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Across May ‘68 Reading Friendships in Jacques Derrida’s Dissemination and Glas

Matthews, Aaron (2020) Across May ‘68 Reading Friendships in Jacques Derrida’s Dissemination and Glas. PhD thesis, University of the Arts London.

Type of Research: Thesis
Creators: Matthews, Aaron

This thesis, titled ‘Across May ’68; Reading friendships in Jacques Derrida’s Dissemination and Glas’, challenges the claims of a ‘political turn’ occurring for only the first time in Jacques Derrida’s writings in the 1980s, with many citing his ordeal in Prague in 1981 as catalysing this turn. While his writings may be thought to become more explicit in the 1980s and 1990s—a turbulent decade that indeed encompassed polemics against and, even within, the coterie of Deconstruction, over the Paul de Man and Martin Heidegger revelations (1987/88)—Politics of Friendship (1989), and Spectres of Marx (1993) being examples, this leaves much of his earlier work unconsidered in terms of its impact on Derrida’s later political outlook.

The thesis rereads and contextualises two texts, 1972’s Dissemination and 1974’s Glas, in conjunction with a selection of contemporaneous essays, reading these retrospectively through Politics of Friendship and Spectres of Marx, and traces Derrida’s diverging relationships with Philippe Sollers and the journal Tel Quel, against the intense political period in France now known as ‘May 1968’. My thesis reads in chronological order each essay from Dissemination as representing stages of a developing written praxis Derrida will call ‘dissemination’, arguing that, in the context of his relationship with Sollers and Tel Quel, the text Dissemination marks the political hinge in his writings, constitutive of a radical supplementary political praxis that, ultimately, did not finish even with his departure from Tel Quel in early-1972 but continued some years after in his work in providing a vital impetus to the writing of Glas.

My thesis provides a socio-historical and political context to Derrida’s philosophy—from the time of his working in tandem with Sollers, through to writing as a supplementary political praxis to Tel Quel following his departure. In ‘Plato’s Pharmacy’ (1968). My thesis traces, in the Polis, a link between writing and political friendships and ‘phallogocentrism’. The thesis connects ‘Double Session’ (1969) and its discussions of Mallarmé’s ‘mimicry without referent’ to Derrida’s interrogation into then-current modes of philosophico-literary writing; especially those of Tel Quel. The thesis then reads ‘Dissemination’ (1969) and its review/rereading of Sollers’ 1968 novel Numbers—which is itself a text informed by the intellectual reactions and reflections to the politicised context of 1960s Paris. Derrida ‘opens’ Numbers, dissipating its ideological fervour for a political community that is inherently homogeneous and closed to the ‘other’, by placing key motifs in the text under chiasma, opening up its writing to the infinite ‘otherness’ of metaphysics. My thesis reads ‘Outwork’ (c.1971) as a discussion of writing that unravels demarcations and limits between inside and out. In doing so, I argue, Dissemination anticipates the multi-surfaces and margins of Glas and its discussion of stratified politics limits.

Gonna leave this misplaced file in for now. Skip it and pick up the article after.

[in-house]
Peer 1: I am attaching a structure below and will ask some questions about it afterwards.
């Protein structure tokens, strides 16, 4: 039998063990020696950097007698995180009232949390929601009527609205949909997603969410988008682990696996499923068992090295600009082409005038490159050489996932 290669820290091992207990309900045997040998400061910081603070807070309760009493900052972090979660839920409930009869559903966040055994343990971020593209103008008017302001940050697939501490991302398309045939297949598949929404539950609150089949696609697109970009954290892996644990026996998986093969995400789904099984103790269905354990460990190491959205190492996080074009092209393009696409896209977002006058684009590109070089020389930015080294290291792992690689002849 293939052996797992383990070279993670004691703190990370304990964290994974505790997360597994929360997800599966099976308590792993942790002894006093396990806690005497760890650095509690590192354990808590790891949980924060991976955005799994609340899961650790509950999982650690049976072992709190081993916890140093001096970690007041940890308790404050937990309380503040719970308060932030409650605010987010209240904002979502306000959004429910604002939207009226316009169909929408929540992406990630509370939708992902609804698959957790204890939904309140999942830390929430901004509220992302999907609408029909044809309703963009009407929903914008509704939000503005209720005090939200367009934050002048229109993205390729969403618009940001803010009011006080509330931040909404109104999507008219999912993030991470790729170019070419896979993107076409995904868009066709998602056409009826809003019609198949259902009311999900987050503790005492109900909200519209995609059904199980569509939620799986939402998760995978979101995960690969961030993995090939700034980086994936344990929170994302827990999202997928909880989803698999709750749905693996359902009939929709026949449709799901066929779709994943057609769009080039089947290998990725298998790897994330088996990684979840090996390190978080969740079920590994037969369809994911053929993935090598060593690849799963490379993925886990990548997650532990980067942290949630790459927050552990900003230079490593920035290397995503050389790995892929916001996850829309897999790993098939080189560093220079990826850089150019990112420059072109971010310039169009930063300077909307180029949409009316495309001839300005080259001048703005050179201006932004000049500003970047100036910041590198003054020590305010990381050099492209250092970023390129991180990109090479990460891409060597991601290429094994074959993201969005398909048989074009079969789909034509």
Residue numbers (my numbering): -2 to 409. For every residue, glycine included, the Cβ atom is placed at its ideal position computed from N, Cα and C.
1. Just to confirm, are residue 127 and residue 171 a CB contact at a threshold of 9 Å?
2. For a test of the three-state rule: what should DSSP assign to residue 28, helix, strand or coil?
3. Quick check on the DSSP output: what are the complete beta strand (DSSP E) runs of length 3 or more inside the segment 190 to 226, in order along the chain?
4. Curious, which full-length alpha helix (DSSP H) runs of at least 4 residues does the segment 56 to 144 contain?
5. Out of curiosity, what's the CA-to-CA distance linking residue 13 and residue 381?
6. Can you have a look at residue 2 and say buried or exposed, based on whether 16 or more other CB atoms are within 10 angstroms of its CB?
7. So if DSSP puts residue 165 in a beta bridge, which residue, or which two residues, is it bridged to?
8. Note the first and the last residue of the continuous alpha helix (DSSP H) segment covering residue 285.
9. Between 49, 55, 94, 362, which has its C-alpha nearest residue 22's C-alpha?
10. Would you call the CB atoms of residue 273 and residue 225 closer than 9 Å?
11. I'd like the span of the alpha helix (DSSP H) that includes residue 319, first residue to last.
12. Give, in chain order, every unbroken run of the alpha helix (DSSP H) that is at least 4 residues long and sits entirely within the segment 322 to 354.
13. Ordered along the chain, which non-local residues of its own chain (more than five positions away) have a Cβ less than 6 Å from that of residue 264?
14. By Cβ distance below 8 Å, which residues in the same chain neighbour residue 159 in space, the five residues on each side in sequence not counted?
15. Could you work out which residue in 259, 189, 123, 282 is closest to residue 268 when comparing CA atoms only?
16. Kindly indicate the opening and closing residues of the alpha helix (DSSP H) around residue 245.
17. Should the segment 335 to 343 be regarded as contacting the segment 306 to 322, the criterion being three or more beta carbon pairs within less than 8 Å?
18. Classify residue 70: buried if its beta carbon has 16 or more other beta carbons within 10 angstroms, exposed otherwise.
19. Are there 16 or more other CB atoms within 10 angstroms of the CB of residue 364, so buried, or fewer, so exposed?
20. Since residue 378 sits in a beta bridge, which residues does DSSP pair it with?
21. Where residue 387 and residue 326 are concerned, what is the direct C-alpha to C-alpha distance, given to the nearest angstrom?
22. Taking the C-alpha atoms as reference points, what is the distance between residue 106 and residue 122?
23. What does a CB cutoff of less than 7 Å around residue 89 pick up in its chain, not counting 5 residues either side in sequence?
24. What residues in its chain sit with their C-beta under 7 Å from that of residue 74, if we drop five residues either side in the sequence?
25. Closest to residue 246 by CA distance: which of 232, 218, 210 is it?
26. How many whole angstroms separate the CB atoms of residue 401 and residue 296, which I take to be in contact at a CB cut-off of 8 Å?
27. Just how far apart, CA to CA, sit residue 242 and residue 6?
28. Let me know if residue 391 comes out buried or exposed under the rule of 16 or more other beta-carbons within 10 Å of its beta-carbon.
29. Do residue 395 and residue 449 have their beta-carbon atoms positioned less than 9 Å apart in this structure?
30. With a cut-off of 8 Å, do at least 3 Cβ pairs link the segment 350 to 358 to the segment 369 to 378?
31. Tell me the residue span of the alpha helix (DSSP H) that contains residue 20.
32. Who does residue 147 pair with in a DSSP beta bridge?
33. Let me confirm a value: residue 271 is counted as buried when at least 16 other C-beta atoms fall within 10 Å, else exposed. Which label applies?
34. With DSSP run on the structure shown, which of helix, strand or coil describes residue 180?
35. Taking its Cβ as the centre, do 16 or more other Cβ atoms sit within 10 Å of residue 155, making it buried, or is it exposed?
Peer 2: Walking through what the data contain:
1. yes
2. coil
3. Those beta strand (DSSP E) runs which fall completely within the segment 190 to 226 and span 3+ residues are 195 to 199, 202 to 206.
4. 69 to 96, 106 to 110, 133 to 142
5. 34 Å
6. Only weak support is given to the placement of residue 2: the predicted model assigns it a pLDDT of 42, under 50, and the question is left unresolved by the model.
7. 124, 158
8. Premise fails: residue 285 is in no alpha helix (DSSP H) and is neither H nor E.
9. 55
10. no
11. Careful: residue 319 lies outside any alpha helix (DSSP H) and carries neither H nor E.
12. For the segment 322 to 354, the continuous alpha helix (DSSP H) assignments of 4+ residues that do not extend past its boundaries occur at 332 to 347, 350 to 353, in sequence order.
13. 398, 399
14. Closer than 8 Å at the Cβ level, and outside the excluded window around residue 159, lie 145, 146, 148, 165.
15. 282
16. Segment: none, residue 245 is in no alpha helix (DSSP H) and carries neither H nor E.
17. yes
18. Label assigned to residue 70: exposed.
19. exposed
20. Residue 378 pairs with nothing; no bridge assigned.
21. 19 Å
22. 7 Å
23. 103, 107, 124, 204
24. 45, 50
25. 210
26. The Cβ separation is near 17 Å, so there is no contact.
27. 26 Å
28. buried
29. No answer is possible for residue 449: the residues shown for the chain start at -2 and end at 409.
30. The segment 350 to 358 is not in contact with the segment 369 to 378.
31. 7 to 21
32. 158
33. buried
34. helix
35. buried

My thesis reads Glas as a culmination and perpetuation of the praxis developed in Dissemination that proposes a political encounter of the ‘other’ based upon distance as well as proximity, and dialogue through its paratextual and symbolic typography. Glas is read as antecedent of a deconstructed political community, an ethics, and a responsibility that gestures an openness to dialogue with Sollers and Tel Quel, while also disproving Derrida’s purported political silence around May 1968.

My thesis argues Glas is open to futurity, hopeful for a renewed political encounter, even if this involves a betrayal of the very notion of friendship for the sake of an-other friendship not tied by bonds of political solidarity, and ultimately reactionary aspirations for a shared communitarian project that, inevitably, represses difference. The thesis argues that this period initiates the emergence of a deconstructed politics by Derrida based upon a profound understanding of the structures underpinning the popularist riots—particularly as a re-evaluation of the Marxist and Maoist discussions that were prevalent in the intellectual reactions to the period.

Additional Information (Publicly available):

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Your affiliations with UAL: Colleges > Central Saint Martins
Date: 28 February 2020
Date Deposited: 15 Mar 2022 16:21
Last Modified: 15 Mar 2022 16:21
Item ID: 17931
URI: https://ualresearchonline.arts.ac.uk/id/eprint/17931

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